8. Be resilient.

Transform limiting problems into motivating challenges. Take advantage of new situations. Several of history’s most famous inventors found out thousands of ways to not do something before they finally figured out something that worked. Were they lucky? Most people would think so. Obviously, these individuals were very bright—but there are a lot of bright people in the world. What made these people different was their resilience—the fortitude to continue to pursue their dreams, goals, and aspirations in the face of adversity.

There are some positives of being a person who feels like you have luck on your side. People who feel this way also seem to have a more optimistic, positive outlook on life which as a performer can be helpful. Lucky people tend to be more confident and have an overall better sense of wellbeing. These lucky people also tend to handle adversity pretty well. They are able to see it as the setback it is and move on. They tend to take risks because they think that good things will happen.

How using luck as motivation impacts performance

The most important thing to recognize is that if you’re using luck as a determining factor of success, there’s no way to define it or control it. When you compete, you’re either lucky or unlucky and it doesn’t have anything to do with you. When you use ‘luck’ as your barometer, then winning and losing doesn’t have anything to do with how much training you’ve done or how you’ve prepared. This can leave you feeling anxious, lacking confidence, and feeling out of control because you have no compass. No direction.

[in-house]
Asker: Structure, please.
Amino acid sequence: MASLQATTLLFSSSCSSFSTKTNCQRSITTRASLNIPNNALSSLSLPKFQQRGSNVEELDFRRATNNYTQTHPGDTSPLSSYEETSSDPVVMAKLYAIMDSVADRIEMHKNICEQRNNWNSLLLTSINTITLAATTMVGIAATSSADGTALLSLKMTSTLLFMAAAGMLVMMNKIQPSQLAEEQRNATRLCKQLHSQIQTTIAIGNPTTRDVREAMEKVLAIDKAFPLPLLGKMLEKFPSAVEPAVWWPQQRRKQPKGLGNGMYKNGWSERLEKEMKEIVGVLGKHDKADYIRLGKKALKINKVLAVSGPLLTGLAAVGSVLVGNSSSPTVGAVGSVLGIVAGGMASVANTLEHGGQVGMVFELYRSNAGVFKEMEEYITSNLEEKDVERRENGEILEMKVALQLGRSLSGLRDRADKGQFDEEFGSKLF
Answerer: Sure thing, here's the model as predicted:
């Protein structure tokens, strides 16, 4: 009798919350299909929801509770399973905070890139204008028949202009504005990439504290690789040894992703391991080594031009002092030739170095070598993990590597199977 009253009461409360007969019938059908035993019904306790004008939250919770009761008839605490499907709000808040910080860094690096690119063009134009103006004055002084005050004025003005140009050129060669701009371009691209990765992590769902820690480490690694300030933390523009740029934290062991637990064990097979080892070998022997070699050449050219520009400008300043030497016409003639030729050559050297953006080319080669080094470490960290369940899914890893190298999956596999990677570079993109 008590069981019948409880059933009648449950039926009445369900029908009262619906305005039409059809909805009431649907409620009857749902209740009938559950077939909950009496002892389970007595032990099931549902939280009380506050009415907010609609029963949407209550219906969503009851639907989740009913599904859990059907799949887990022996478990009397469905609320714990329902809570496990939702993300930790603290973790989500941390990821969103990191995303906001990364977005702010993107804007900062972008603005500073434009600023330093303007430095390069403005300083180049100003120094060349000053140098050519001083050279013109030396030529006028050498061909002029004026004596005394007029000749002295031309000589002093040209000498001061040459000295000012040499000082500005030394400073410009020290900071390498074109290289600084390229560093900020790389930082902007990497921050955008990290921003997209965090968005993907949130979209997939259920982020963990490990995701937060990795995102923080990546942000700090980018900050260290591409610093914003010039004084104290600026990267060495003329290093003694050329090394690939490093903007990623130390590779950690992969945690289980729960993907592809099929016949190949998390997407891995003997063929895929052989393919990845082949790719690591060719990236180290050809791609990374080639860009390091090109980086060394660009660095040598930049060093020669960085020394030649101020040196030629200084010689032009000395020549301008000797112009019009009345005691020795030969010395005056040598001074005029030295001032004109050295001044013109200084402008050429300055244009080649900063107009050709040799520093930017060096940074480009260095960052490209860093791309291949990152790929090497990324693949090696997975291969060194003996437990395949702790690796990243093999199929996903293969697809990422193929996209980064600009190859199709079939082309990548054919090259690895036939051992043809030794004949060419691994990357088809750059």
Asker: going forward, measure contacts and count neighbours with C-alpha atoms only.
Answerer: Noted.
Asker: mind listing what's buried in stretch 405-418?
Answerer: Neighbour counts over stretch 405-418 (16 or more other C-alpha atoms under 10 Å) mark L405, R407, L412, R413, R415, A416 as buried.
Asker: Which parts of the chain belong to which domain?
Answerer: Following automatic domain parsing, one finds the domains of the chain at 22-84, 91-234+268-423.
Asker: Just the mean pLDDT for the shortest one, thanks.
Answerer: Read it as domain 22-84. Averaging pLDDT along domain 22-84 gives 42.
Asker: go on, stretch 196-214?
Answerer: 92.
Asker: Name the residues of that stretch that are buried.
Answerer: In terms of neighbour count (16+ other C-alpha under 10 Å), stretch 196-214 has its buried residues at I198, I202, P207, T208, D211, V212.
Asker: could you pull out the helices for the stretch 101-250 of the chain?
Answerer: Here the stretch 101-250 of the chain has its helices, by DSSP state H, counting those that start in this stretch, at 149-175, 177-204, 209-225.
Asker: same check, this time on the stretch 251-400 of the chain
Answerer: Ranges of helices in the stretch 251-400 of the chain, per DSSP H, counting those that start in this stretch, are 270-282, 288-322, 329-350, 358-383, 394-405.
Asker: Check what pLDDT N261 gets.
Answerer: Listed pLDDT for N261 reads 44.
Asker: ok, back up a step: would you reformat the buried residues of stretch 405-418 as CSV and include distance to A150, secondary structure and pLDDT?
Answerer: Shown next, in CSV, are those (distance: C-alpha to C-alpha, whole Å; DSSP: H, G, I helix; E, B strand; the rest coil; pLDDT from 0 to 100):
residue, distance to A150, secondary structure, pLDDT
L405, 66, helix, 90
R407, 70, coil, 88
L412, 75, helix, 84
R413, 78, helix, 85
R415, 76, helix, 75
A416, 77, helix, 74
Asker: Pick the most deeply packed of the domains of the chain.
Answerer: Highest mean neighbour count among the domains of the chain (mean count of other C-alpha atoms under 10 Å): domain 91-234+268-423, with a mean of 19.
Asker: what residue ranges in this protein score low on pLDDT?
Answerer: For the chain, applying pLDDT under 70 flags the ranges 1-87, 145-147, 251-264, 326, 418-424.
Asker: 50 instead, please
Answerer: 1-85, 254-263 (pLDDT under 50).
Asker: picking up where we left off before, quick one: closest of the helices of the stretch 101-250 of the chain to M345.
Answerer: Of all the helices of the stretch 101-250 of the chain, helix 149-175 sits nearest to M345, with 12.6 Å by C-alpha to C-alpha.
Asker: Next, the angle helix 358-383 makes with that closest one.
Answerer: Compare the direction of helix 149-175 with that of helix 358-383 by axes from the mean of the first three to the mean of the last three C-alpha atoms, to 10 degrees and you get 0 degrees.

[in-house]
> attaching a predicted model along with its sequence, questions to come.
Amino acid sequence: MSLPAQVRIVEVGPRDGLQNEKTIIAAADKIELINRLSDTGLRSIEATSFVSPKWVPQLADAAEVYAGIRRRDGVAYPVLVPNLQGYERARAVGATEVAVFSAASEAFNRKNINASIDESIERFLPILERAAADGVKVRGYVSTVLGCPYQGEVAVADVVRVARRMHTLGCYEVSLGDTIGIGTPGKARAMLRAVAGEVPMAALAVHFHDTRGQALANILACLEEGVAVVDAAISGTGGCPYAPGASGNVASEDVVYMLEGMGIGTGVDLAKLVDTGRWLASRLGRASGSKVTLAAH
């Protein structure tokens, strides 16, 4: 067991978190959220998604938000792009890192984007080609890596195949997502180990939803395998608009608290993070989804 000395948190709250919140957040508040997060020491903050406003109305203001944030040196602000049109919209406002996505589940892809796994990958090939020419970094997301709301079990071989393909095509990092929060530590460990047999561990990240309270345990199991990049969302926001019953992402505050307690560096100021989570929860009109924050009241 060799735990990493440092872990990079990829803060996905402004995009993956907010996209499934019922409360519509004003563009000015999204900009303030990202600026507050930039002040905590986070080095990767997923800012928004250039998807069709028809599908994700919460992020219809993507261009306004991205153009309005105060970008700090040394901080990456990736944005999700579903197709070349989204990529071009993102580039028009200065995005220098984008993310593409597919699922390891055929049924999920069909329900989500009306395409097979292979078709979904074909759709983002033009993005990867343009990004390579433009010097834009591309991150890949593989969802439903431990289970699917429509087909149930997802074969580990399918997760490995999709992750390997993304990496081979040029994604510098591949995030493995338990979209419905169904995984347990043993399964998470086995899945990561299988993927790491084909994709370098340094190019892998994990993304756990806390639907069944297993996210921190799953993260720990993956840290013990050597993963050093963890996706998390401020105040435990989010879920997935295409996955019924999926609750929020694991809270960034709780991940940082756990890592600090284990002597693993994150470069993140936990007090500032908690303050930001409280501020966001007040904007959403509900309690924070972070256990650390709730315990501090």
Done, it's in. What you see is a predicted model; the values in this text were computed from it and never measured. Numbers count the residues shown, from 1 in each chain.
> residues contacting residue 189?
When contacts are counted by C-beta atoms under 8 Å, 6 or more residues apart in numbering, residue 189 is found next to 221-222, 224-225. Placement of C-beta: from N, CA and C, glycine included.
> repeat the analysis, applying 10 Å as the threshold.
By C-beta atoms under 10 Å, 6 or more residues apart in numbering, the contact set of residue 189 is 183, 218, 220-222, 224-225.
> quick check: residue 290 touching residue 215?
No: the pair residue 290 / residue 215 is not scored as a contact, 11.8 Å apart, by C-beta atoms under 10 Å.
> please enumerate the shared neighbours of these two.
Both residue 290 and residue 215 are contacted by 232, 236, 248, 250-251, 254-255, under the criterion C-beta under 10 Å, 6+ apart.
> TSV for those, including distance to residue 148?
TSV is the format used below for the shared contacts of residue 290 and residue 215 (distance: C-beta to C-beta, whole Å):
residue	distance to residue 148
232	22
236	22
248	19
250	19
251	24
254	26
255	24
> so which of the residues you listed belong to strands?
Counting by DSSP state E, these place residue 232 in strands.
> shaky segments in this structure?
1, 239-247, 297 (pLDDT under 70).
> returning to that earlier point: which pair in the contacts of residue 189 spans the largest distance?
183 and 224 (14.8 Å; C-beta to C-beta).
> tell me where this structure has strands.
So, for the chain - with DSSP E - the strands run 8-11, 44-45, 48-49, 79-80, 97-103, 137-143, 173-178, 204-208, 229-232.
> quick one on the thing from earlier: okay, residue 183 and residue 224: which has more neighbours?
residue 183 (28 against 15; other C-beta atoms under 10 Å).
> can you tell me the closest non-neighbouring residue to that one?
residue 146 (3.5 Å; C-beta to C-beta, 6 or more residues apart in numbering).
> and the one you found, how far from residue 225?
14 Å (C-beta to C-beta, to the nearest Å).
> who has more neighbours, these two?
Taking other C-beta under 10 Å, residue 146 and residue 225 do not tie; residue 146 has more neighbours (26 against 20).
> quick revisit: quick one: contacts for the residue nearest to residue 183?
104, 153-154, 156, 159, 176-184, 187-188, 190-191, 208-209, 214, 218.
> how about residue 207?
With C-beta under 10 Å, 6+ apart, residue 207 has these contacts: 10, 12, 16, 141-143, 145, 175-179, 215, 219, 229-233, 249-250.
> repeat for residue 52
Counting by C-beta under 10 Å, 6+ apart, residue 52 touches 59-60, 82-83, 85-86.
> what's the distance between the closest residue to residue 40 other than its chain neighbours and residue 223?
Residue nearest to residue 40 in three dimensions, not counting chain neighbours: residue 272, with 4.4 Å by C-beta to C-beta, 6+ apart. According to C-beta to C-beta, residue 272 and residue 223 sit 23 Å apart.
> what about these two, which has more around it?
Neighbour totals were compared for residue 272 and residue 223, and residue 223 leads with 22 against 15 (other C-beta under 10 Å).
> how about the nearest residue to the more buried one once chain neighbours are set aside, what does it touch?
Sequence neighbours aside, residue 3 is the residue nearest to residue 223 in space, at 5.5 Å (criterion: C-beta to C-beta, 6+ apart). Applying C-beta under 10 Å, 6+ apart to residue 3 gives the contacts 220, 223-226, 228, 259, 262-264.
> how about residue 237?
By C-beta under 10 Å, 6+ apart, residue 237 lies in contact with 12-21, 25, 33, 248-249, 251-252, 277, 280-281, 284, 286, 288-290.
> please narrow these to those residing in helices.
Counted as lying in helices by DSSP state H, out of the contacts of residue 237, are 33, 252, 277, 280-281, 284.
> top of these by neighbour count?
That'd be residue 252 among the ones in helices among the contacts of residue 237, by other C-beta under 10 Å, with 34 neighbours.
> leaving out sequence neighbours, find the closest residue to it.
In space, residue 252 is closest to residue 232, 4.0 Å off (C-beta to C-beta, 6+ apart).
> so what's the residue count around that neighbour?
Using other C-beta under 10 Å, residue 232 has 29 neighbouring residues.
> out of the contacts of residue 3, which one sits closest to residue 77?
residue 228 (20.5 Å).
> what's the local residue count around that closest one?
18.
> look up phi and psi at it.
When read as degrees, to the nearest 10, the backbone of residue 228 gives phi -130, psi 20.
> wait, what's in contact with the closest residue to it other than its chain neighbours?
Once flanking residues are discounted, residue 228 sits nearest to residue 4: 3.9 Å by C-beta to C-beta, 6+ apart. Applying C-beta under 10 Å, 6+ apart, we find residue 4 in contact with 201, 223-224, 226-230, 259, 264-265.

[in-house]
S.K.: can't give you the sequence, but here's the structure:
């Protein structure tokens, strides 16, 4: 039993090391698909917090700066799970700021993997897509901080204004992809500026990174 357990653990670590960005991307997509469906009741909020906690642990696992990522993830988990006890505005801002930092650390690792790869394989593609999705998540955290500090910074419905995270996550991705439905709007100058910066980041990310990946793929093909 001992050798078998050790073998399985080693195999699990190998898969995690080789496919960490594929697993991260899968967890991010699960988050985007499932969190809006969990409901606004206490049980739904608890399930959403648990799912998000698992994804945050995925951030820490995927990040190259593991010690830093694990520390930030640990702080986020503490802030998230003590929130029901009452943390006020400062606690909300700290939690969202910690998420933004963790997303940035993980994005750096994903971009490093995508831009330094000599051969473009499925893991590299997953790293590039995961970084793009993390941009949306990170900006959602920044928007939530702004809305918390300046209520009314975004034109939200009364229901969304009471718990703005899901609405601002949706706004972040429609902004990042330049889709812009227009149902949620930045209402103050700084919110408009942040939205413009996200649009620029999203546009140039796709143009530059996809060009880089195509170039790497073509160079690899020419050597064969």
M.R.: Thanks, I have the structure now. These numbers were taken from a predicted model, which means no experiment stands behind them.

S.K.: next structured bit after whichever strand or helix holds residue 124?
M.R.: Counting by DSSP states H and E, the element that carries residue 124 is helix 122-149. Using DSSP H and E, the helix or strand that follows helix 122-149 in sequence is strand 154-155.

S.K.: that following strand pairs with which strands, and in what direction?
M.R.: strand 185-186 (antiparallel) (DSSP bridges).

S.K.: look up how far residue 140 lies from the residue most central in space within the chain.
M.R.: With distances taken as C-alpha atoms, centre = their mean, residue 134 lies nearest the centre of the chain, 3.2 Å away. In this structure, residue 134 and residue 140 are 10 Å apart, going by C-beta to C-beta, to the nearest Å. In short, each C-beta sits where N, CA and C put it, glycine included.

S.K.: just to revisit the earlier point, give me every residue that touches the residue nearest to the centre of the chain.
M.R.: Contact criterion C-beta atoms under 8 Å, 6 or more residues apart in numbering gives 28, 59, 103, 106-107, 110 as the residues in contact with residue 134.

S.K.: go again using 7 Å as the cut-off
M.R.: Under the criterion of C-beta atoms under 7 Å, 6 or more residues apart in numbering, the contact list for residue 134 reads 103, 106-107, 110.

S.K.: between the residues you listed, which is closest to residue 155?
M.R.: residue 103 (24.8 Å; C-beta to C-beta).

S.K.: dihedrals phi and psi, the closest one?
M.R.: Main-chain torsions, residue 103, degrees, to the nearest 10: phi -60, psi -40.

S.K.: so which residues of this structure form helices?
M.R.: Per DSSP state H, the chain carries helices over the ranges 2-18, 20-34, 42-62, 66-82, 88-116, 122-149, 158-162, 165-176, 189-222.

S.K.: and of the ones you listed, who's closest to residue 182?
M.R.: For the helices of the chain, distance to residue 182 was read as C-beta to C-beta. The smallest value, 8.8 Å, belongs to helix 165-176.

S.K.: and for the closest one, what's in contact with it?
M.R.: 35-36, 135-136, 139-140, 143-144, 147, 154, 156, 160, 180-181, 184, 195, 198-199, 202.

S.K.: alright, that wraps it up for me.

Take control of how you perform

You can develop an internal locus of control or internal motivation. It is not as difficult as you might think, and it has huge implications on performance. You get to perform for the love of performing. When you realize that you are in control of your performance, you get to decide what you want to have happen and how. You define the process versus letting others do it. You realize that you can’t do anything about the sun, the wind, or what someone else does.
Outside factors, and people are out of your control. What you can control is you.

Luck is usually a product of fear of failure, or sometimes fear of success. However, if you don’t take the control you have, you are setting yourself up to fail anyway. It is in your control to train hard, work hard, develop an internal sense of motivation, and perform the way you know you can. After all, that is why you spend so much time doing what you do.